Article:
Chapter 8.2.140 Other sources of data for the ATO, as noted above, are third parties such as financial institutions, who may be able to provide the ATO with large amounts of data at a relatively low direct cost to taxpayers.117 These data sources are particularly useful in relation to individual taxpayers and are explored in greater detail in another IGT review which examines the ATO’s use of data matching for individual taxpayers.118
2.141 For present purposes, it is sufficient to note that some of the information from third party providers may be available to the ATO under the law (‘legislative data’) whilst some have to be obtained by the Commissioner under his formal information gathering powers (‘special purpose data’ or ‘non-legislative data’).
Australian Taxation Office, Access and information gathering manual.
See Australian Taxation Office, Access to ‘corporate board documents on tax compliance risk’, PS LA 2004/14, 1 July 2006, para  and Australian Taxation Office, Access and Information Gathering Manual (1st version, 2010) para [7.1.1].
Bruce Quigley, ‘The power of transparency – 12 months on’, (Speech delivered at the Corporate Tax Association Conference, Canberra, 18 June 2012).
Australian Taxation Office, Data matching (22 January 2013) http://www.ato.gov.au.
Inspector-General of Taxation, Review into the ATO’s Compliance Approach to Individual Taxpayers – Use of Data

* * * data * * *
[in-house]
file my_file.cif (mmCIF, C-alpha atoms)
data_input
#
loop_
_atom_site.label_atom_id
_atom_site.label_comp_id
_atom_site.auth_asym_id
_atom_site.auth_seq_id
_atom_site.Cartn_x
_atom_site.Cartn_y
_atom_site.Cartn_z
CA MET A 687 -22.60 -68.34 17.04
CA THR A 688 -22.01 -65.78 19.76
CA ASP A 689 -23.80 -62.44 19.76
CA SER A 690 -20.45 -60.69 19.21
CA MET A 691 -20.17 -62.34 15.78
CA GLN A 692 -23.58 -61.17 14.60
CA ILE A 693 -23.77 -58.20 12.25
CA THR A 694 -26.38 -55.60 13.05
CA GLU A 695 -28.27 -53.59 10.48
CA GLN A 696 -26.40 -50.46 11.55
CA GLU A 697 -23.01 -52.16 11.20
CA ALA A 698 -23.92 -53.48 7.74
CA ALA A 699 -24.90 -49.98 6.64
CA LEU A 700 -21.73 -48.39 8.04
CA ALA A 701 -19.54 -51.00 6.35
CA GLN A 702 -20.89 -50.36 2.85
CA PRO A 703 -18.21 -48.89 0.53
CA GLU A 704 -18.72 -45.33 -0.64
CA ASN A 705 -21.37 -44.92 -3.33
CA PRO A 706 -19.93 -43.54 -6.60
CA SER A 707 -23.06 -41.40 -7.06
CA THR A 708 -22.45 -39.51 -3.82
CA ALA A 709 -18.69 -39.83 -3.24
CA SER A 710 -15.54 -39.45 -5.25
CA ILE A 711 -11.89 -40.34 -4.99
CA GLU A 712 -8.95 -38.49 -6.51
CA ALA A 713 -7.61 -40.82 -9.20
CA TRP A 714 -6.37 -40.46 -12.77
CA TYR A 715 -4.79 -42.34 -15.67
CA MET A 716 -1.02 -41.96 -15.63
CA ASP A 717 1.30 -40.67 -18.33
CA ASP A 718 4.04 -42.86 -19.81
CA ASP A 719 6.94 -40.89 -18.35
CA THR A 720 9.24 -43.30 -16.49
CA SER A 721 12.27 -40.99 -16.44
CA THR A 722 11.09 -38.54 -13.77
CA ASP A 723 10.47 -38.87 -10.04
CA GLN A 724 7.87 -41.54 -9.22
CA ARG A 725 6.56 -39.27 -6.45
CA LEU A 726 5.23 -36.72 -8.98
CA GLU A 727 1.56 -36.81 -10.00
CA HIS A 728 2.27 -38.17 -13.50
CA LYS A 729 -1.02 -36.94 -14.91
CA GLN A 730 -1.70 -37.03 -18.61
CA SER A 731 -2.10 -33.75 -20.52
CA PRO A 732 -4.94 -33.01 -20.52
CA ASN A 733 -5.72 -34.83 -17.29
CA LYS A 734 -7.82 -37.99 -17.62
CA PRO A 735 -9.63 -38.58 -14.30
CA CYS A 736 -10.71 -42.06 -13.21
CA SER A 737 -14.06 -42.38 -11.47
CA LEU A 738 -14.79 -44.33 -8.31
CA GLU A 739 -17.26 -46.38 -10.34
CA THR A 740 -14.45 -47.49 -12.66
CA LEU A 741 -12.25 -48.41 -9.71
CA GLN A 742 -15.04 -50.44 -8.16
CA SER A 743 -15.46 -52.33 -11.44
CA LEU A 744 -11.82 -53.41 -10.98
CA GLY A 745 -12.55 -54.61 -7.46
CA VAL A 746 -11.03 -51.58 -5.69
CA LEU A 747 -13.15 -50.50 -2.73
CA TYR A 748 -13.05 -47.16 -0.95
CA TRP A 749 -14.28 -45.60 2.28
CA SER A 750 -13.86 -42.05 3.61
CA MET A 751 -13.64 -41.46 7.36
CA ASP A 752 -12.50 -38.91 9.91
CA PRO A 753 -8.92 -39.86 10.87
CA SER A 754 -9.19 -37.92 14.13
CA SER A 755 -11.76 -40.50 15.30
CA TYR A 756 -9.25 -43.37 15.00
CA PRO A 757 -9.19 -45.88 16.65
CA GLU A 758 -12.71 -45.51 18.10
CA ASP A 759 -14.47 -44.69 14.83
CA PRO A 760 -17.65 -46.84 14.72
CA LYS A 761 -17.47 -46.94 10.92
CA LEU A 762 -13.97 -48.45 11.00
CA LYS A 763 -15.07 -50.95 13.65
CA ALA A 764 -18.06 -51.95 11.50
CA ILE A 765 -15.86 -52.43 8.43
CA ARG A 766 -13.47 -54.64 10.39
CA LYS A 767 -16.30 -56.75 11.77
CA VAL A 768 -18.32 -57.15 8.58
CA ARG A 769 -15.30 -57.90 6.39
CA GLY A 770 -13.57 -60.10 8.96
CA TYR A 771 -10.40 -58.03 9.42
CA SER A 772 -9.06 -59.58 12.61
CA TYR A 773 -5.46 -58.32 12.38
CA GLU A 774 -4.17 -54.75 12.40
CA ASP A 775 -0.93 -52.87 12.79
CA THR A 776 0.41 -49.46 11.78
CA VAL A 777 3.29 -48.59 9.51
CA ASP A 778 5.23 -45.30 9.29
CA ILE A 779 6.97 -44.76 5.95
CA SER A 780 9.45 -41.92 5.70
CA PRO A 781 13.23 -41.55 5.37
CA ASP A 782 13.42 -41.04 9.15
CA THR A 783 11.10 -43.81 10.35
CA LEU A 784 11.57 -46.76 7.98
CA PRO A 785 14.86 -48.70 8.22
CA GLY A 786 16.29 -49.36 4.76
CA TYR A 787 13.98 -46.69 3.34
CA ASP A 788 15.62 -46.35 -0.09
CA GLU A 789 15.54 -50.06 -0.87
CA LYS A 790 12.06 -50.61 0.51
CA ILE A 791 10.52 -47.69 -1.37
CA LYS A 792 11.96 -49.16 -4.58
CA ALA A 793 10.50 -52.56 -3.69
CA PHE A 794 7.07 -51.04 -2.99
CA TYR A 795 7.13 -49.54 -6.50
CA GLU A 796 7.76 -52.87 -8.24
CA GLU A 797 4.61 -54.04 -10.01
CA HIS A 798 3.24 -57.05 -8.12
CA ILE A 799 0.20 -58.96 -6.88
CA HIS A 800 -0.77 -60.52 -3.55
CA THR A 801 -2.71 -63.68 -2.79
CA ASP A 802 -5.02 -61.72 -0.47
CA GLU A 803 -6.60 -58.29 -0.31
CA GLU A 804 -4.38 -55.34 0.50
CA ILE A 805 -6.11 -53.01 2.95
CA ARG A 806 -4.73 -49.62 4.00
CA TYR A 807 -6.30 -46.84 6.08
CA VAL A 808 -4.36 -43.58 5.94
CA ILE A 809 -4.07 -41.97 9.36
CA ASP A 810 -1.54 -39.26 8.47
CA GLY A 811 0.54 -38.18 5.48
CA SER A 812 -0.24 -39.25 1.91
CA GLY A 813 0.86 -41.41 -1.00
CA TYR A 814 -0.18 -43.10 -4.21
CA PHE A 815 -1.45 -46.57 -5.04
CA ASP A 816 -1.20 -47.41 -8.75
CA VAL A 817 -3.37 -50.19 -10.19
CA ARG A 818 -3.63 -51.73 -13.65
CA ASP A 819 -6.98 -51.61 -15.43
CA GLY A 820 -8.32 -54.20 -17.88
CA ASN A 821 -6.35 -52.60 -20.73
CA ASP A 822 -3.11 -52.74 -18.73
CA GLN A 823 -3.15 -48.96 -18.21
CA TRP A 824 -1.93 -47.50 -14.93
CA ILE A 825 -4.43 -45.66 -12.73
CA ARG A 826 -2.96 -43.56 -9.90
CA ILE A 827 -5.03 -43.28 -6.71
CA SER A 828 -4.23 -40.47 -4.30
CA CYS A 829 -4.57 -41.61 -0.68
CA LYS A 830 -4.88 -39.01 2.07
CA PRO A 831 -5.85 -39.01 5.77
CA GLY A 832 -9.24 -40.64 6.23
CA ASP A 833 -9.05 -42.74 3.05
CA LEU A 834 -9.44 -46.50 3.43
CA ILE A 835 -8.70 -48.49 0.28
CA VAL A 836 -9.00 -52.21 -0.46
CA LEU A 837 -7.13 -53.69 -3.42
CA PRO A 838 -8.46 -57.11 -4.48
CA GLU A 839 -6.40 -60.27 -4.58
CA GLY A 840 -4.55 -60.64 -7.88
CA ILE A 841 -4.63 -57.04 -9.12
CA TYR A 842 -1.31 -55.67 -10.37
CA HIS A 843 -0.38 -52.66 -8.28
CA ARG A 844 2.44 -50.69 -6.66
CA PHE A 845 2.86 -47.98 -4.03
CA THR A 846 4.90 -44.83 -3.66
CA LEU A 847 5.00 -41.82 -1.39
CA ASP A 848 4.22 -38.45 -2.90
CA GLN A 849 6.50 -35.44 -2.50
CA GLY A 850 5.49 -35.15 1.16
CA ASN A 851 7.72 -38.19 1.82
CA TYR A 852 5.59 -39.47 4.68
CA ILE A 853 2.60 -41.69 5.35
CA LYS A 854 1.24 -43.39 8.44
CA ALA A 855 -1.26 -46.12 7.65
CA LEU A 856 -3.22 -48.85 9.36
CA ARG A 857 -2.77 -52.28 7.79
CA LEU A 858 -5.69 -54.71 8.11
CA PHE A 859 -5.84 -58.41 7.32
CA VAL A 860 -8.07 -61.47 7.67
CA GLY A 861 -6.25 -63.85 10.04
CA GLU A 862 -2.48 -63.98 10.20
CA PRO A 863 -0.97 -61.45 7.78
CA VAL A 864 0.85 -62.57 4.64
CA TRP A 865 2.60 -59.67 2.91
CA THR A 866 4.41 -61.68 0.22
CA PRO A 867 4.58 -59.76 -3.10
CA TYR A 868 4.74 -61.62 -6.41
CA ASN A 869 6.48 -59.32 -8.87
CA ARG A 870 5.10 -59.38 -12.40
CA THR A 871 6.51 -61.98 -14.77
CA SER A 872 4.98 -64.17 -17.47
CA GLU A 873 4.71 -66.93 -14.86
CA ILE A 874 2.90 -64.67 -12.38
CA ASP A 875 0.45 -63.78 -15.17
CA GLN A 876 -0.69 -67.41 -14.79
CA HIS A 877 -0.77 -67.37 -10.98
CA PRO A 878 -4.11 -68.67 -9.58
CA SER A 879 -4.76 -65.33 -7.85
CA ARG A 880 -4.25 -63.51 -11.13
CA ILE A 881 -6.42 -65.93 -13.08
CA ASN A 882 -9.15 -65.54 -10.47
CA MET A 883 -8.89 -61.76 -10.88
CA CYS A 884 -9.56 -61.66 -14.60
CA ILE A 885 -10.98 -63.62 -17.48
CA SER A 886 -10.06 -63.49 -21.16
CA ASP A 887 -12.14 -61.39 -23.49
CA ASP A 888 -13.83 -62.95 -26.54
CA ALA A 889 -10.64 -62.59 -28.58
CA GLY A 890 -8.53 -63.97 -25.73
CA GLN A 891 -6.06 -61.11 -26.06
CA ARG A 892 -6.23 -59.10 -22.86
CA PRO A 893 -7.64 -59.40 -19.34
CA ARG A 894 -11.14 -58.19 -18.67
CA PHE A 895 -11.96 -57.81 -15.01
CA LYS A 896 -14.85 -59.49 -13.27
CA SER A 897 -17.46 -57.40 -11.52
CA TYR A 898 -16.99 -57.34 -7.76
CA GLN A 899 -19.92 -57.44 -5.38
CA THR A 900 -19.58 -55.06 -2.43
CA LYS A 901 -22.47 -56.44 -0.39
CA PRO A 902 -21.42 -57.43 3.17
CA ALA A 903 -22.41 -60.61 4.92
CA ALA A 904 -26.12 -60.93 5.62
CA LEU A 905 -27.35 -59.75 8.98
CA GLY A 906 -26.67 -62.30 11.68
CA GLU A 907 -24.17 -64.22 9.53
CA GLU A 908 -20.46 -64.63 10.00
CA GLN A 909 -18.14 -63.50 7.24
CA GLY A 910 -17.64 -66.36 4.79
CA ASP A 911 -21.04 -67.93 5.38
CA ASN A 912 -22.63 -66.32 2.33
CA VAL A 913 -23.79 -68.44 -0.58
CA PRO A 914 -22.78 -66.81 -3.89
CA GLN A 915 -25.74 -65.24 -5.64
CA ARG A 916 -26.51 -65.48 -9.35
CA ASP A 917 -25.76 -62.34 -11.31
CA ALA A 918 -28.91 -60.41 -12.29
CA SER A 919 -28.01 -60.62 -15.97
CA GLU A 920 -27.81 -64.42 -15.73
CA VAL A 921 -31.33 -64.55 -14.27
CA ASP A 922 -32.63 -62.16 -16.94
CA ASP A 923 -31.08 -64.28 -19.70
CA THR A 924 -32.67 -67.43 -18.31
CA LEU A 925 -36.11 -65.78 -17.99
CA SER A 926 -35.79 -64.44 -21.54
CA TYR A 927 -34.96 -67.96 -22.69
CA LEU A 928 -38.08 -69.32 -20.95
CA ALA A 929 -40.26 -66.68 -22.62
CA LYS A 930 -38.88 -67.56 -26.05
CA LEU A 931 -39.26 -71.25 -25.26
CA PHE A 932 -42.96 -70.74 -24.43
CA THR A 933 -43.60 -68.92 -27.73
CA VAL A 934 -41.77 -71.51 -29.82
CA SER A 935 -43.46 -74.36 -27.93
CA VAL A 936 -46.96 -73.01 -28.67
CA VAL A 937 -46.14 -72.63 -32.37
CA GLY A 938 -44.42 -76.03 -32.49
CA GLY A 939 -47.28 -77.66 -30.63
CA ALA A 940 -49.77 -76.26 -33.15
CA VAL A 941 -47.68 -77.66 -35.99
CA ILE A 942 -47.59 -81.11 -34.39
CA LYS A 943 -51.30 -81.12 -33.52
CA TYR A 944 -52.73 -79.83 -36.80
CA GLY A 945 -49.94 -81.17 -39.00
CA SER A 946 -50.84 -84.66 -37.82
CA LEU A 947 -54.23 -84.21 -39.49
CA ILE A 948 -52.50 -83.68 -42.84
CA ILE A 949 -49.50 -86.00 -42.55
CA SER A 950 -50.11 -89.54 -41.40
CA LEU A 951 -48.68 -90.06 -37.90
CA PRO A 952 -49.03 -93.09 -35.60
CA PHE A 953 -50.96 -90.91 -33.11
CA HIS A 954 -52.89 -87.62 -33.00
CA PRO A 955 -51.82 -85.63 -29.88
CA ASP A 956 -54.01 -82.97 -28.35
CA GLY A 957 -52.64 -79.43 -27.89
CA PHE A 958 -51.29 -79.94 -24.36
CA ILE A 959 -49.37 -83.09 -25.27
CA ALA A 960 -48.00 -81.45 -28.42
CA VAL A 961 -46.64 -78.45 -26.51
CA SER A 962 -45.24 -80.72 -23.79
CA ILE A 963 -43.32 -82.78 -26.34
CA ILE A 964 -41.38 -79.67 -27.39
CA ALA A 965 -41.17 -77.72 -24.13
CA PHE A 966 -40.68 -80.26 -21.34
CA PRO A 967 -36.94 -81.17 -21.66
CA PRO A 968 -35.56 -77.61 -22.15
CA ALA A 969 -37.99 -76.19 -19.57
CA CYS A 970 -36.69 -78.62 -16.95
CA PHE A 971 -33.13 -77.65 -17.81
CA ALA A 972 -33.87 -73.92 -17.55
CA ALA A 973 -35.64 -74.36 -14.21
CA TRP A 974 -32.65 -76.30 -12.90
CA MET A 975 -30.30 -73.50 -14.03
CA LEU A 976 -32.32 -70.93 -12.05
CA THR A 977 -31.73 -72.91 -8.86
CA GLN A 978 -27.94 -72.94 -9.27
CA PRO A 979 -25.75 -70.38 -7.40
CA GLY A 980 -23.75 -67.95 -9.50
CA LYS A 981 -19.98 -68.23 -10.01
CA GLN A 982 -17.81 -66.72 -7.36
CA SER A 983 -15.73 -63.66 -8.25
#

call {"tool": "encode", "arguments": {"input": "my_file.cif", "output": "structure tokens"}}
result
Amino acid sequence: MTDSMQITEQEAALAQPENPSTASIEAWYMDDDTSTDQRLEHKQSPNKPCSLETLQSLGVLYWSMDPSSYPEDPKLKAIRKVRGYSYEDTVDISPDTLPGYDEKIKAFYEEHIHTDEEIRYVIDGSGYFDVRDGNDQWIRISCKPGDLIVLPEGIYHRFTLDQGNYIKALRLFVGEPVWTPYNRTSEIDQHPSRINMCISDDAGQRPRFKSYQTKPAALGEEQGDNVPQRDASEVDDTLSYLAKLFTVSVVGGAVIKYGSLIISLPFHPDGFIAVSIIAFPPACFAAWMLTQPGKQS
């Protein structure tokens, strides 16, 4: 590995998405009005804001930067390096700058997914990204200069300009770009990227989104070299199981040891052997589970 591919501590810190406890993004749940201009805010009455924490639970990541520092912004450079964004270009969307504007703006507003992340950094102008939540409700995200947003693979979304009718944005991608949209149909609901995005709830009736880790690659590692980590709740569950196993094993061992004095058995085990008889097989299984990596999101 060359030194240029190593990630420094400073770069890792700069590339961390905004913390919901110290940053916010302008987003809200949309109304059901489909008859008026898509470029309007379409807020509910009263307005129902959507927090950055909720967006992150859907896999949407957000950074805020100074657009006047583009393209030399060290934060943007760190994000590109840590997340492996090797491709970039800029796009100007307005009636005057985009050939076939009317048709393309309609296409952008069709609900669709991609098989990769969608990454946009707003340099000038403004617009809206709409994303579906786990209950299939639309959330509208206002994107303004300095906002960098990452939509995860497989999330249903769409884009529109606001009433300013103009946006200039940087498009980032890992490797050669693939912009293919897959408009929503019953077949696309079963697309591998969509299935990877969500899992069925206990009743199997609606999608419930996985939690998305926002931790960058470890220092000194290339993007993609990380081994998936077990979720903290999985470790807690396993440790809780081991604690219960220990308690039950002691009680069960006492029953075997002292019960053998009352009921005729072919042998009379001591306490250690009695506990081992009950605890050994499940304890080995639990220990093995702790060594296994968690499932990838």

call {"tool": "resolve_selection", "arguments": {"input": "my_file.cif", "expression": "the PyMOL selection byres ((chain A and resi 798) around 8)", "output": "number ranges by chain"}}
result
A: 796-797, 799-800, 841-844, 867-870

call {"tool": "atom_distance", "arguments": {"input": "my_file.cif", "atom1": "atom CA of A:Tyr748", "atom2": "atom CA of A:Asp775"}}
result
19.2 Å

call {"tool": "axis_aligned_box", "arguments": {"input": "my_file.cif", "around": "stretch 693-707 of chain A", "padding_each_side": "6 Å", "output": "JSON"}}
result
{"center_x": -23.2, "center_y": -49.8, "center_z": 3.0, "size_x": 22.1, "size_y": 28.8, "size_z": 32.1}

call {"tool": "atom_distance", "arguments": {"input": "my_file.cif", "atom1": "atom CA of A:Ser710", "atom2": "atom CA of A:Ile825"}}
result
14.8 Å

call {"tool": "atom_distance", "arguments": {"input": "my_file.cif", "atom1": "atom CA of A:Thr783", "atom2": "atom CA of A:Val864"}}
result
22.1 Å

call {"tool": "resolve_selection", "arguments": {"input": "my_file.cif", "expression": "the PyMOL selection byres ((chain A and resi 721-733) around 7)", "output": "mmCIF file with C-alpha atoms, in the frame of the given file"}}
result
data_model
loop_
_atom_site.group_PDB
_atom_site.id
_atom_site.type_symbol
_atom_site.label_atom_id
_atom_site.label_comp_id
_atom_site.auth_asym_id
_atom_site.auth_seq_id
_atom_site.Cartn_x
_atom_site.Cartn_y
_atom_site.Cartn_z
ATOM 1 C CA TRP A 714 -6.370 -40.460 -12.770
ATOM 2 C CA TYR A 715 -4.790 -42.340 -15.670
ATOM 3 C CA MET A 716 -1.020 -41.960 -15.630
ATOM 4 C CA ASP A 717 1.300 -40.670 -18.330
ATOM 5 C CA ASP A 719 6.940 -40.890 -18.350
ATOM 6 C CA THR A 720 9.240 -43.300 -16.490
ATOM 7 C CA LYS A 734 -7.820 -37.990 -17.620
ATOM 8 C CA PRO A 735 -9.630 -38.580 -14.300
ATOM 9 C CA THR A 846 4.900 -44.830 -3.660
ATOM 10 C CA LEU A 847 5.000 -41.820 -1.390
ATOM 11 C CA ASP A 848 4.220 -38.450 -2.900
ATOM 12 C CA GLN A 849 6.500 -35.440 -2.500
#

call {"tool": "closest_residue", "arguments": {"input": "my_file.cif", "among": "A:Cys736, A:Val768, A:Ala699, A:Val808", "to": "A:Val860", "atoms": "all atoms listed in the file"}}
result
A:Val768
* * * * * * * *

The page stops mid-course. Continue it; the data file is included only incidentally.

2.142 Legislative data is provided by certain third parties under a legislative regime.
For example, banks and other financial institutions are required by law to provide the ATO with the details of investors, including their names, interest and dividends paid and tax file numbers.119 Other providers of annual legislative data include Centrelink, the Department of Veterans’ Affairs, private health insurers and superannuation funds.120
2.143 The ATO has a high level of confidence in the legislative data that it receives, such as salary, interest, dividends and managed funds distribution information. For individual taxpayers who receive income from such sources, the ATO may more readily rely on this data to notify the taxpayer of a discrepancy between the data and the reported income as well as any proposed adjustments if the taxpayer does not respond to ATO enquiries.
2.144 In addition to the data matching approach to individuals described above, the ATO has also highlighted its increasing use of third party data for the
small-to-medium enterprises market:
This year, we will continue to expand sources of third party data to further enhance our data mining capability to identify risks relating to related-party transactions, disposals of capital assets and international dealings.
… Our risk models use information in income tax returns and schedules, business activity statements and a range of information we gather from government agencies, financial institutions and other third parties.121
2.145 For high wealth individuals, it is more difficult for the ATO to obtain low cost third party data about private group structures or business details. As an alternative to compliance activity such as a risk review or audit, which could be costly, taxpayers are required to complete questionnaires or expanded income tax returns in the first instance. Taxpayers may incur significant additional costs in meeting those requirements.